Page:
There was a girl at the bakum, before we even put away our bags, who began arguing with a man who had a falafel on his shoulder. They were arguing about her job, because she was upset she hadn’t gotten magav. The falafel man was telling her that jobs were decided way before the bakum – there was nothing for her to do now. I was in shock at her chutzpah, to so openly oppose a high ranking officer before she even put her bag down. But this is Israel.
I lost my new water bottle in the bakum. When I asked a soldier at the end of the sharsheret, while waiting for my bus to be called, if I could get it, he asked: “Is it critical?” I shook my head and answered, “No chance?” He shook his head, “No chance.”
I got pricked and shot and X-rayed and photographed and interviewed and swabbed and confused.
Then on a bus, I drove down to a base of tents.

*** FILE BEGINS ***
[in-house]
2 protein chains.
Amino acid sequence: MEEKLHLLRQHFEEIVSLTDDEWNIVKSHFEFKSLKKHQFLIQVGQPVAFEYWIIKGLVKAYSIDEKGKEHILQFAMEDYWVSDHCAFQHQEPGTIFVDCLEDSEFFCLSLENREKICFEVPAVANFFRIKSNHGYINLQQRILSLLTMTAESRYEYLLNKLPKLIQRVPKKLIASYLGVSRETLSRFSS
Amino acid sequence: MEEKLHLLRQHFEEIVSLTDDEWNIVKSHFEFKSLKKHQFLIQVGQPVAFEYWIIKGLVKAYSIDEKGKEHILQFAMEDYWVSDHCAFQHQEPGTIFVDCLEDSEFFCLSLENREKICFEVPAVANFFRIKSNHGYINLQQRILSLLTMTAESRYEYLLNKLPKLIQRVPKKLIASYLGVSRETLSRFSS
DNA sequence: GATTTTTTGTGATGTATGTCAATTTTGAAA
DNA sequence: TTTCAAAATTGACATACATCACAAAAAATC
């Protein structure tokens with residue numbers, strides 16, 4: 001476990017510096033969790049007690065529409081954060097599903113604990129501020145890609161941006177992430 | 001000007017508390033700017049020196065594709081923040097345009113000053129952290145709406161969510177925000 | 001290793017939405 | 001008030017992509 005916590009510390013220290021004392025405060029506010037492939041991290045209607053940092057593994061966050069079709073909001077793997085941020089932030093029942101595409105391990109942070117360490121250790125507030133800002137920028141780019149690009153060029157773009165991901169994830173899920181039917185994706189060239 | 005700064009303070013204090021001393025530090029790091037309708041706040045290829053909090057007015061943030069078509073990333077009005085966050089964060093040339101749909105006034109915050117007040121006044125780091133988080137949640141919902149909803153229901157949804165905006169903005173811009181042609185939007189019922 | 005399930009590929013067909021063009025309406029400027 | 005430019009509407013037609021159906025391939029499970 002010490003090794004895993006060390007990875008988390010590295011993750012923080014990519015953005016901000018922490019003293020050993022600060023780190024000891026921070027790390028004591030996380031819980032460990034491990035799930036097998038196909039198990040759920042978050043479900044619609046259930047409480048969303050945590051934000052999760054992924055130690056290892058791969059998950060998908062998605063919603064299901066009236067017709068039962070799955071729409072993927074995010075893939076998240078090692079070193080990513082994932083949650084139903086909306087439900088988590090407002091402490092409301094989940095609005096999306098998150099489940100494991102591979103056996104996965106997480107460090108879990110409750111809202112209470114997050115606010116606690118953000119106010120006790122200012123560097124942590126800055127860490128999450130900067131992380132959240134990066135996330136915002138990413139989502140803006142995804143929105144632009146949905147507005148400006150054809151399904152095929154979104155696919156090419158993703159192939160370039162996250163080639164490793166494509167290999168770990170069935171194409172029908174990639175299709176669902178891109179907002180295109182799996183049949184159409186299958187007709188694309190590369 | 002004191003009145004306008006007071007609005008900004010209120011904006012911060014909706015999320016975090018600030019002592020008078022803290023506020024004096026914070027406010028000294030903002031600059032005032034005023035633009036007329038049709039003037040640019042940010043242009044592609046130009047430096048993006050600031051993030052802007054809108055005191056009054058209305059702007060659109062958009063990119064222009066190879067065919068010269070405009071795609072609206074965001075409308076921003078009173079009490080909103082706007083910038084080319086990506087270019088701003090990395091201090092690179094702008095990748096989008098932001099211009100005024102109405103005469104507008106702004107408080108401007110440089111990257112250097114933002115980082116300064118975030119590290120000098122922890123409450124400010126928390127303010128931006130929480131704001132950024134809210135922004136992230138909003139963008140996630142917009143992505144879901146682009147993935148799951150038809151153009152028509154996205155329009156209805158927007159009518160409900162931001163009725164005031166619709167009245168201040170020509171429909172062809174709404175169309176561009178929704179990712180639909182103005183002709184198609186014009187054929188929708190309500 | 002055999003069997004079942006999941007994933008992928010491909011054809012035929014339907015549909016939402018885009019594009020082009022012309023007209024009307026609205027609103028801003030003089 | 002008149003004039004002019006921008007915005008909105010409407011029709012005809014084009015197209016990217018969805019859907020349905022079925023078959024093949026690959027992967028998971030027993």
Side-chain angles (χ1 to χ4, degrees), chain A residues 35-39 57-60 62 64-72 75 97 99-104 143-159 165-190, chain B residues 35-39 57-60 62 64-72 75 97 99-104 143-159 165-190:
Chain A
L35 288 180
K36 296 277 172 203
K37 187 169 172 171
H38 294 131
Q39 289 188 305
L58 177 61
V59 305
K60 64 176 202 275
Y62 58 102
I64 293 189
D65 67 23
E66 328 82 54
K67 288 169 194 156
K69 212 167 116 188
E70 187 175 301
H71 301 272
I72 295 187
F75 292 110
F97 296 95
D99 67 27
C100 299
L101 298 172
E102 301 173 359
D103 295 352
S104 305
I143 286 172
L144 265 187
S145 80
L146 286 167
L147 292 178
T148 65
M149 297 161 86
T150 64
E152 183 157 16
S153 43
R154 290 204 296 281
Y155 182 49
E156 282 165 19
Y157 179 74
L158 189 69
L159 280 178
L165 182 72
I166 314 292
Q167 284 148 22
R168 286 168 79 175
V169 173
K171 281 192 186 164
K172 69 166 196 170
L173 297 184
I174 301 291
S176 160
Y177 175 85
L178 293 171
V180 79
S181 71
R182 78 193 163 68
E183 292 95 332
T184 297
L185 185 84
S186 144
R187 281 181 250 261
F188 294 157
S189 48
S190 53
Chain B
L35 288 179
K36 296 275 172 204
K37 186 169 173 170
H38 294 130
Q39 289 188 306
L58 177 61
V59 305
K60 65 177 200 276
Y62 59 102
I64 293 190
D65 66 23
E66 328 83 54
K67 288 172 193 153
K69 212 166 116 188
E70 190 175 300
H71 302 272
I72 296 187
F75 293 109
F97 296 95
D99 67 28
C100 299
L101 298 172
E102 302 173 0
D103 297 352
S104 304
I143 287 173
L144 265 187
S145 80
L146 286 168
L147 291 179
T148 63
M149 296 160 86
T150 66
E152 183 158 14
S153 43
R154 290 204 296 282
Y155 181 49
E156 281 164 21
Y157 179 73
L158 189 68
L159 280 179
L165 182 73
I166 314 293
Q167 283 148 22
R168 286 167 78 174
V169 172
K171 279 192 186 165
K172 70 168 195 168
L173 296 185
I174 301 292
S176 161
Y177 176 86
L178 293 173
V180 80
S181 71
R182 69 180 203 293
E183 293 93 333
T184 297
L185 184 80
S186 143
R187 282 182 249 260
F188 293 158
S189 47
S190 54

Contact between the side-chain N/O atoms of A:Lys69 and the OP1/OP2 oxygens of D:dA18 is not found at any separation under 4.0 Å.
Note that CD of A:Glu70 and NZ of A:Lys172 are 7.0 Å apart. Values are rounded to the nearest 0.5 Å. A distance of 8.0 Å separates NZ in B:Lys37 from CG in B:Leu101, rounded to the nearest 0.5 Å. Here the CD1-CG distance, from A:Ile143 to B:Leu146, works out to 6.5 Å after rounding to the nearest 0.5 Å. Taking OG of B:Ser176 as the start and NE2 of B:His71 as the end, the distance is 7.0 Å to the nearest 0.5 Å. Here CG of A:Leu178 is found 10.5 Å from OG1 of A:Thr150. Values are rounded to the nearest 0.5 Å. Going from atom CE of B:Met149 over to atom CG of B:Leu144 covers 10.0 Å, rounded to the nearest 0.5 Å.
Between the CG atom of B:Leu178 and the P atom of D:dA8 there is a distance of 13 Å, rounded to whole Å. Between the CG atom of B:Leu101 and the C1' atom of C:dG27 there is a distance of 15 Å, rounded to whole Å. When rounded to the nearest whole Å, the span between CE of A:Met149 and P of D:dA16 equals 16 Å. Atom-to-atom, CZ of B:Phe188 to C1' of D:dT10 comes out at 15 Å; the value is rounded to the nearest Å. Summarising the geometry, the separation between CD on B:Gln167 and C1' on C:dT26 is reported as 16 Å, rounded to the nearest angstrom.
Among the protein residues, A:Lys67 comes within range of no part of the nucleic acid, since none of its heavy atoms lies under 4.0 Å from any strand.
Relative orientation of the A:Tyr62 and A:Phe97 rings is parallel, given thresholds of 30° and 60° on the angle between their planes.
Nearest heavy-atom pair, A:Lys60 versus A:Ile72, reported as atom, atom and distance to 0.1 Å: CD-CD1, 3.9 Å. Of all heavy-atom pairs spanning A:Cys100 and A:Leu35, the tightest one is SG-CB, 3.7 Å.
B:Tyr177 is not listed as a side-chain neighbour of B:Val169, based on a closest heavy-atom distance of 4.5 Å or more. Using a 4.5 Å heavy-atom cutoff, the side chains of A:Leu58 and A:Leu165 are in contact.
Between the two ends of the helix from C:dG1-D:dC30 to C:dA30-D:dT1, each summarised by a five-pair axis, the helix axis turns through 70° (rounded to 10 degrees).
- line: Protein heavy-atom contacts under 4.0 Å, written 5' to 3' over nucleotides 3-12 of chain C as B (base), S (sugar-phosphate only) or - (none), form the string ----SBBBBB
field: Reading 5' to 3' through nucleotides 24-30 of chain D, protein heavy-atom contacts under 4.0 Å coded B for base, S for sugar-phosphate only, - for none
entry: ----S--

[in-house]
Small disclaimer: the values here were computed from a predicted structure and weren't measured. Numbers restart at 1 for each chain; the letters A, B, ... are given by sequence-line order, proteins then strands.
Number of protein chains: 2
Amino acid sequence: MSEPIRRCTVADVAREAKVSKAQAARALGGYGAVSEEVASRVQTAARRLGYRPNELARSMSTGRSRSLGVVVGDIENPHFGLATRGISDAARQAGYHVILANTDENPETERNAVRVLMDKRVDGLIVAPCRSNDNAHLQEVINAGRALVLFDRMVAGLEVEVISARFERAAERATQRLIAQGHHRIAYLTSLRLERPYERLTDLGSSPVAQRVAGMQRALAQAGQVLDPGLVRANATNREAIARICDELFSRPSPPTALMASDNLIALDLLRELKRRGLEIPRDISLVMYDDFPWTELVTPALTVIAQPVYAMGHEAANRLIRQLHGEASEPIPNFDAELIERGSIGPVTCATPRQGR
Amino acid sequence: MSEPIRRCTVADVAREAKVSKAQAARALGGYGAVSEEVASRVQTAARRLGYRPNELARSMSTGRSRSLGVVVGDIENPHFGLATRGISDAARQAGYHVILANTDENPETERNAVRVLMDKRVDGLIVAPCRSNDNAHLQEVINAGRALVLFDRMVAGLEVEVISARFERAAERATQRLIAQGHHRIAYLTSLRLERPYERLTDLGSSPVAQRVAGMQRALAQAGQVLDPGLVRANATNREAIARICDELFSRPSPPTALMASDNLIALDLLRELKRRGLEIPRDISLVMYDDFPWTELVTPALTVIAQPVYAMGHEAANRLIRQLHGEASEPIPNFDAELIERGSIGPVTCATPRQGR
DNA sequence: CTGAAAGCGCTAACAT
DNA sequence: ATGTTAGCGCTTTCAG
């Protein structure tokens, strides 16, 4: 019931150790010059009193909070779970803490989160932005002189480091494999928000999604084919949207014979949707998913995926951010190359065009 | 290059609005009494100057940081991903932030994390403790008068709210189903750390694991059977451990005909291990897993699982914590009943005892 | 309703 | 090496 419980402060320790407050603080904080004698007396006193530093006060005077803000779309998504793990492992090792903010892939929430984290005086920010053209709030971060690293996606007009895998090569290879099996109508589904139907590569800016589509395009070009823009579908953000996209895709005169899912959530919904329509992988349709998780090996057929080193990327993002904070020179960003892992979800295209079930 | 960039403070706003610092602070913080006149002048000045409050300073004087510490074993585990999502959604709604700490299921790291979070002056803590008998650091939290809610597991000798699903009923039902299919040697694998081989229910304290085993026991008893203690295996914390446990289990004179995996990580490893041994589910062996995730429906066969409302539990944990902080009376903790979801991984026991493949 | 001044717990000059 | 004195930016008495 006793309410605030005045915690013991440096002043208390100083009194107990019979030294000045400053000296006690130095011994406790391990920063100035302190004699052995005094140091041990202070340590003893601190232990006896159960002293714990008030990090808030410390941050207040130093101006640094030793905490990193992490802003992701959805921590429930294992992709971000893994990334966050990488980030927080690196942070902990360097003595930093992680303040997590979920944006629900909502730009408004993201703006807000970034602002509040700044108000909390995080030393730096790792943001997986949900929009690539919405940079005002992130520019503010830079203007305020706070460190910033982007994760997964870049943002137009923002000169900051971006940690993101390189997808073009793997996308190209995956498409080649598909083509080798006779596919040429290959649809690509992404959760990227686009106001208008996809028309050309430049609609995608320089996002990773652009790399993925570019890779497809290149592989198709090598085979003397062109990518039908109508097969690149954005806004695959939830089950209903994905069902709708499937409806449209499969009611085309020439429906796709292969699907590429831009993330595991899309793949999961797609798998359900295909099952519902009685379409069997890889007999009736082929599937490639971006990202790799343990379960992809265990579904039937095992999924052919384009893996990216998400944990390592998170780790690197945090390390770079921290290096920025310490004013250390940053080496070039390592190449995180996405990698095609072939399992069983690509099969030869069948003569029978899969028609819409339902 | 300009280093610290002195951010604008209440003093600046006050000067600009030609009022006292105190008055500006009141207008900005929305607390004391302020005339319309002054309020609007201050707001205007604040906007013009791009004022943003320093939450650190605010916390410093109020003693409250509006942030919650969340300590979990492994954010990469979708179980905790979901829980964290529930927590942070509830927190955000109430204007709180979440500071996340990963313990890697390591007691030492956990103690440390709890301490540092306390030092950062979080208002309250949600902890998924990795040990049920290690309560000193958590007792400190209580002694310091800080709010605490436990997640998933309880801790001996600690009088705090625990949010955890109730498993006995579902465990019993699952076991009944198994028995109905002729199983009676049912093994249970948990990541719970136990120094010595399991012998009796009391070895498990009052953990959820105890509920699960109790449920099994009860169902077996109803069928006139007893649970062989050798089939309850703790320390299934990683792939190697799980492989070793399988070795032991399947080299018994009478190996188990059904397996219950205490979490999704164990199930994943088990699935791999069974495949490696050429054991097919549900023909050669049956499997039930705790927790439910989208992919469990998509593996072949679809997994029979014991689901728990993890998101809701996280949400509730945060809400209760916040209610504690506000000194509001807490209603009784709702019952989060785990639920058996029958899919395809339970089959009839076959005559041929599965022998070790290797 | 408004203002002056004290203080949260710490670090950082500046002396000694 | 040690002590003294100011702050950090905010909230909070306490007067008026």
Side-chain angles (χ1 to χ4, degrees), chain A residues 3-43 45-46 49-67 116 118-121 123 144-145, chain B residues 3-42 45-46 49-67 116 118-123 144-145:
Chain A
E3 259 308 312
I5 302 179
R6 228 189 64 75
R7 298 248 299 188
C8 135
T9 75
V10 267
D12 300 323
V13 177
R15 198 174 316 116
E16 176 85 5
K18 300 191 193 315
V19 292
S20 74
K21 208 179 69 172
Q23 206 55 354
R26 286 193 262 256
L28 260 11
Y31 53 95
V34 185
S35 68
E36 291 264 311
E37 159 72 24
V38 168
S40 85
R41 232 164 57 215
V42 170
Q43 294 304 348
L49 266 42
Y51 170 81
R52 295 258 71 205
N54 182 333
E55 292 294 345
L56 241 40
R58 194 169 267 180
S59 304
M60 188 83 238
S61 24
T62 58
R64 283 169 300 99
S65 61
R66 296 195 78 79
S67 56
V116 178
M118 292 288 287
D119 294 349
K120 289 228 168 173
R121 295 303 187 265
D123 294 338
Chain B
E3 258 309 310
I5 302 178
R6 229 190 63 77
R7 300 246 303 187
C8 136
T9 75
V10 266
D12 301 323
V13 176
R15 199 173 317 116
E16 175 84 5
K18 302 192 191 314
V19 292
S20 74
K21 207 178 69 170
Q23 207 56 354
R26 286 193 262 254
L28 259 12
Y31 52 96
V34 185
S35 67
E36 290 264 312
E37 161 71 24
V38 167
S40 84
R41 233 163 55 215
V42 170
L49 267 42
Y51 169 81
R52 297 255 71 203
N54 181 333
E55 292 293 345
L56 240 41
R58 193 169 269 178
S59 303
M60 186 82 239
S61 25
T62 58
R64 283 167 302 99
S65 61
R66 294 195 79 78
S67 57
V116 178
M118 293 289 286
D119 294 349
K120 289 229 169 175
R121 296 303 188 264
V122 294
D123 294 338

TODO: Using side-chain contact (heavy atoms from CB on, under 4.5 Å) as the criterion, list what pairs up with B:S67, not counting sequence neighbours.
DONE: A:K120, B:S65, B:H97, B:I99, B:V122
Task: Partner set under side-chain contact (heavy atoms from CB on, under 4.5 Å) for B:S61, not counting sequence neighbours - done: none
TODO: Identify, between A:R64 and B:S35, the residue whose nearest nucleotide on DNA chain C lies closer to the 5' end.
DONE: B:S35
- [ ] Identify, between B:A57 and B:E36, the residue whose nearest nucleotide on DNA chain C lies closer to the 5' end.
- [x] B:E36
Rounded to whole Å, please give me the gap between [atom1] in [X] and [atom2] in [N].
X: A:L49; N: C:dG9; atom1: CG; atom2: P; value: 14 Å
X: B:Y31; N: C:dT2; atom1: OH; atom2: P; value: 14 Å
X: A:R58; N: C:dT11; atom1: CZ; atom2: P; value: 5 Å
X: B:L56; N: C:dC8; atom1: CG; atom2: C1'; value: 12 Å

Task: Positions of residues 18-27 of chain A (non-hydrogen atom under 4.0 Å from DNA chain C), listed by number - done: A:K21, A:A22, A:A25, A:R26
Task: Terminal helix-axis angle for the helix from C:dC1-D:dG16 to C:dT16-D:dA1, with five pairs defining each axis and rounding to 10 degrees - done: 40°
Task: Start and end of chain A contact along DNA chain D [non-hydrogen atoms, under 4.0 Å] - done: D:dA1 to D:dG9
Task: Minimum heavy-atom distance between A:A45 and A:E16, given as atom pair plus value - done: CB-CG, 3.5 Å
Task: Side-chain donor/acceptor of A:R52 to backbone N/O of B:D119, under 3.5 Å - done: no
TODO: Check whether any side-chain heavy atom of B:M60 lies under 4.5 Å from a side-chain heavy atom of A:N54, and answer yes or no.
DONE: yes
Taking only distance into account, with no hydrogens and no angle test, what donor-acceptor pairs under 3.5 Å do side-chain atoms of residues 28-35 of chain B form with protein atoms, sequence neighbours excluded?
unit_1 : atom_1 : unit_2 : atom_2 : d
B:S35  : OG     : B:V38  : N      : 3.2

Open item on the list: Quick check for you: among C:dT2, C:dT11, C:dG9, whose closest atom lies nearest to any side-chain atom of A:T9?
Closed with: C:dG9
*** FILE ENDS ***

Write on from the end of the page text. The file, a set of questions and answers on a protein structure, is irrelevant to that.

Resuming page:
There are a lot of small things I hadn’t put much thought into prior to my two and half days in the army. Such as: how bad shoe polish smells; how to properly secure your pants with rubber bands; how to correctly fold a hat; how to shave said hat so that it isn’t as fuzzy and therefore as overtly green, in both senses of the word; the immediacy of needing to get a uniform tailored, so that it can fit and reduce your greenness, without taking away from its deep olive hue.
Shower review: Rating 6/10. The pressure was certainly present, yet perhaps its presence was too present. It felt like I was being pelted with an automatic water gun. The temperature wavered between boiling and freezing, though a warm balance was easily attainable. Single stall. Curtain. Benches and hooks outside. Preferably not a daily venture.
I ate a lot of yogurt this week. Some vegetables, too.
I played a game of follow the leader, mixed with הרצל אמר, then when I got home, I learned the rhyme: אבן, נייר, ומספריים, אם נצח בין השתים.